You’ve had a long and stressful day at work. You come home to your partner and they ask you about your day, but you are having difficulty following their questions. You might even be having a hard time searching for the words to use. It feels like your thoughts have met a brick wall and there is some sort of mental block! Your memory and speech become scrambled, and it all becomes overwhelming and draining.
If you’re familiar with these kinds of feelings, there’s actually a name for it! You might have experienced what we call brain fog. Brain fog is more commonly referred to as brain fatigue, which involves episodes of mental fuzziness or confusion usually as a result of prolonged stress. This can affect our judgement or ability to solve problems. Not only does brain fog affect our mental acuity and productivity, but it is also implicated in our emotional wellbeing. When we are thinking clearly we feel good! But when stress takes over, it can be difficult to recognize the red flags.
Like any other part of our body, our brain can become overworked and experience exhaustion. If you visit the gym for three hours instead of your usual one hour, your body will feel it! You’ll have sore muscles as a result of this physical exertion. The brain reacts just the same. When we have a higher cognitive load and overwork ourselves, our brain reacts strongly to this “tension”. Brain fog requires us to spend much more mental energy towards seemingly simple day to day tasks.
Brain health needs to be prioritized now more than ever. In the midst of a pandemic reality, research has been increasingly suggesting a link between brain fog and COVID. Many people living with the disabling long-term symptoms of COVID-19 infection have reported difficulty with thinking, concentration, and short-term memory loss. Some have reported the symptoms being comparable to cases of dementia. A unique finding has emerged from the brains of COVID patients, suggesting more serious neurological underpinnings. Scientists are discovering cells known as megakaryocytes that should not be present in the brain. It is believed that these cells are involved in response to infection, and that the mass of these cells are inhibiting the brain’s ability to pass blood freely. This inflammation can cause impaired functioning, exhibiting symptoms identical to this brain fog phenomenon.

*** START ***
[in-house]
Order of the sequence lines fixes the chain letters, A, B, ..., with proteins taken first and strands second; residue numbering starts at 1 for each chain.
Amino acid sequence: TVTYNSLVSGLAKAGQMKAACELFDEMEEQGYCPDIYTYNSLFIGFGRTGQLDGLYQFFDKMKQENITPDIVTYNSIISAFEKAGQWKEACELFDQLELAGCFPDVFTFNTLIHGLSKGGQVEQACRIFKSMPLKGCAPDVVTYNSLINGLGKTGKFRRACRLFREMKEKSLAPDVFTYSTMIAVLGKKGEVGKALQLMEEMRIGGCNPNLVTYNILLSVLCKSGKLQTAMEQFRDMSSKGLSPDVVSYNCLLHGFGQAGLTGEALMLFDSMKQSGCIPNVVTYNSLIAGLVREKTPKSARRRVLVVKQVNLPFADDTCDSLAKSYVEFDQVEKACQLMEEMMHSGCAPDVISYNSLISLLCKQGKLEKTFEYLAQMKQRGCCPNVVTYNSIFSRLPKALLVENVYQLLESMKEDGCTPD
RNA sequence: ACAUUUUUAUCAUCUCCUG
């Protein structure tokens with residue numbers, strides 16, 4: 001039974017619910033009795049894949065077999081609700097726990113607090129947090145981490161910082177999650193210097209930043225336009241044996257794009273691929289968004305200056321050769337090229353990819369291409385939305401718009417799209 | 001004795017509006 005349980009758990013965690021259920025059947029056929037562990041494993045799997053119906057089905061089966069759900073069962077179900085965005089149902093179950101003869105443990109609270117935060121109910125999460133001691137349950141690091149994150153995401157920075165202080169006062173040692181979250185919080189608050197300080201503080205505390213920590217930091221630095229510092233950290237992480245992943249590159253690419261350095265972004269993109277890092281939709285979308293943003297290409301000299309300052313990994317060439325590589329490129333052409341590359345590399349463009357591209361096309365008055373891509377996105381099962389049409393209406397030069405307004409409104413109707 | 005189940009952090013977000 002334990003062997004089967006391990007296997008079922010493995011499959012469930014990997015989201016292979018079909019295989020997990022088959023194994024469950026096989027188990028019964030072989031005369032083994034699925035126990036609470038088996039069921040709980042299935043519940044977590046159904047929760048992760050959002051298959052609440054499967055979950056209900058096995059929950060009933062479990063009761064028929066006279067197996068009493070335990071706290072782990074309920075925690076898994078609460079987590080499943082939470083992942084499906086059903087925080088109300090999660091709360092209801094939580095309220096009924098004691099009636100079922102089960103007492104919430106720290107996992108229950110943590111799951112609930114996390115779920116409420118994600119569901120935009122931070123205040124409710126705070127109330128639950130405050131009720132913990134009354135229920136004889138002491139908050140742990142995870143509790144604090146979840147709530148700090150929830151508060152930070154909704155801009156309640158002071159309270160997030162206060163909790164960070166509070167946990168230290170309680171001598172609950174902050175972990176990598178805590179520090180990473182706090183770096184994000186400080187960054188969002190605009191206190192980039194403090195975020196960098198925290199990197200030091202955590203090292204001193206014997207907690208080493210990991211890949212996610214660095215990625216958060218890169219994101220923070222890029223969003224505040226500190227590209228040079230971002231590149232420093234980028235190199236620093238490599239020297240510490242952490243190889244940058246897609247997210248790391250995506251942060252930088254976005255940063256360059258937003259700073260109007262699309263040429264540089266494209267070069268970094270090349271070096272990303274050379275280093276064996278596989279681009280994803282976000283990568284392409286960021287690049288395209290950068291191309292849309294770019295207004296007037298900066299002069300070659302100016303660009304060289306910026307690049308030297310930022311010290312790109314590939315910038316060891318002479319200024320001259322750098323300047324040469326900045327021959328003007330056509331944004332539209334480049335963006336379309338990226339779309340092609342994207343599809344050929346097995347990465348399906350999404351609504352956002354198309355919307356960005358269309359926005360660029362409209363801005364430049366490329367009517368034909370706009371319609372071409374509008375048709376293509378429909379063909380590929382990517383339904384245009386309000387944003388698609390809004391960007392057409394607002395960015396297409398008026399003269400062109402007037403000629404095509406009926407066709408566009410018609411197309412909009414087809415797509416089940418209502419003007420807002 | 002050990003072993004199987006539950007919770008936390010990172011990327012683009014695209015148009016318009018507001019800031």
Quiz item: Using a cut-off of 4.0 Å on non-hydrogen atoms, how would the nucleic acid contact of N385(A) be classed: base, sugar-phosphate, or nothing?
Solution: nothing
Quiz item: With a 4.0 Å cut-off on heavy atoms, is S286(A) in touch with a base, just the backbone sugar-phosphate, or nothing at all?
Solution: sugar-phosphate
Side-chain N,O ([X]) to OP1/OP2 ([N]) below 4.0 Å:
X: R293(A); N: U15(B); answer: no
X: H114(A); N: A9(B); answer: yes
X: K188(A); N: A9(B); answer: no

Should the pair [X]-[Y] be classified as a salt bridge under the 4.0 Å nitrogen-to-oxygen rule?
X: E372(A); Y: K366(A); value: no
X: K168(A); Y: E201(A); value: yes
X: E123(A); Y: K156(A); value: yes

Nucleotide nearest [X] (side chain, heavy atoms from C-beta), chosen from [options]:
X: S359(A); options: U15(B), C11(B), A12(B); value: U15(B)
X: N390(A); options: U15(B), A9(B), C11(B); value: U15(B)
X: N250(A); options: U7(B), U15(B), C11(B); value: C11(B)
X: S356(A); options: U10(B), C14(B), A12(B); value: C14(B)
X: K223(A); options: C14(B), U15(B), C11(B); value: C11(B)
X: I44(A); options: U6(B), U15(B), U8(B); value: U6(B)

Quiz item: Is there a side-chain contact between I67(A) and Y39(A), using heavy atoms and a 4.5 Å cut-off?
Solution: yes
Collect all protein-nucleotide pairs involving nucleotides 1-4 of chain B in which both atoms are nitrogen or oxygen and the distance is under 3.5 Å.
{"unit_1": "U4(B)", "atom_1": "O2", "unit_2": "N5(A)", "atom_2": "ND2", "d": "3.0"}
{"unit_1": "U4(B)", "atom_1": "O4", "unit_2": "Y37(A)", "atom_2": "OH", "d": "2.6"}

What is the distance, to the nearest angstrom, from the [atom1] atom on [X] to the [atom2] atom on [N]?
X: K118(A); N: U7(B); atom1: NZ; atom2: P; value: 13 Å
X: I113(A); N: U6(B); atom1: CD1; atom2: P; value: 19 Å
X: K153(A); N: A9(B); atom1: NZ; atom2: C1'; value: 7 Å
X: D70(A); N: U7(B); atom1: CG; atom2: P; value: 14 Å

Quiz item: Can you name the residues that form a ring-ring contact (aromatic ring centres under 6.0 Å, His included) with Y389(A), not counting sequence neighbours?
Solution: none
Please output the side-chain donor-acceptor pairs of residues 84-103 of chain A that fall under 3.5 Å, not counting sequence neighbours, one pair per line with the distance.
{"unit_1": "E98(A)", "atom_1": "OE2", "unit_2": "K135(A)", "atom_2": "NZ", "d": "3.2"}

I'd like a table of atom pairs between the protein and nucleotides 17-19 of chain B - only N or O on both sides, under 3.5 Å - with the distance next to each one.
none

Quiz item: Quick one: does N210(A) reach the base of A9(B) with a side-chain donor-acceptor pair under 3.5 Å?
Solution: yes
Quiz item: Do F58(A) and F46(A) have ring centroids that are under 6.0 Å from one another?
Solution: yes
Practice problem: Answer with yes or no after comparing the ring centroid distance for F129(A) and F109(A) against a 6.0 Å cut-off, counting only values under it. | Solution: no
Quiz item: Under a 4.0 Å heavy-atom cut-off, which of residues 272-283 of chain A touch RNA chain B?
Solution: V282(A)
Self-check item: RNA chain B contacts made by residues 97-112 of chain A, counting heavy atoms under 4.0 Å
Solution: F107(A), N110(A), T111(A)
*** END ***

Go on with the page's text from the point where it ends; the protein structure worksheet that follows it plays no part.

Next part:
Experiencing brain fog is your brain letting you know that it is time to set boundaries with your workload…but it could be pointing towards something more detrimental to brain health. Allow yourself to stay on top of your daily tasks without putting your brain at risk. Here are just a few helpful ways to combat the symptoms of brain fog:
- Give yourself scheduled leisure breaks to manage stress
- Prioritize sleep…make sure you are getting at least 7 hours of sleep each night
- Eat a balanced diet. Foods high in antioxidants are essential!
- Communicate with your family and healthcare providers
- Brainwave training!
Within the past year, our brains have been under an immense amount of pressure. For most people working remotely, back to back video conferences, and 7+ hours of screen means less of a work/life balance. The most important thing we can do is recognize when we have become blinded by this fog! Identify the triggers in your lifestyle whether that’s diet, lack of sleep, stress, or health. Once we do this, we can become more in control of the informed decisions we make around our brain health!
Neurofeedback treatment can be a helpful tool for reducing brain fog while improving concentration and focus! Some findings across the world are suggesting that the neurological effects of brain fog, especially related to COVID 19 can be treated by gently increasing healthy brain activity. Neurofeedback can focus on this healthy SensoriMotor Rhythm and help your brain get back its mental energy and efficiency. Click here to learn more about the benefits of neurofeedback, and book a free 20 minute consultation. Together we can help your brain perform with more ease!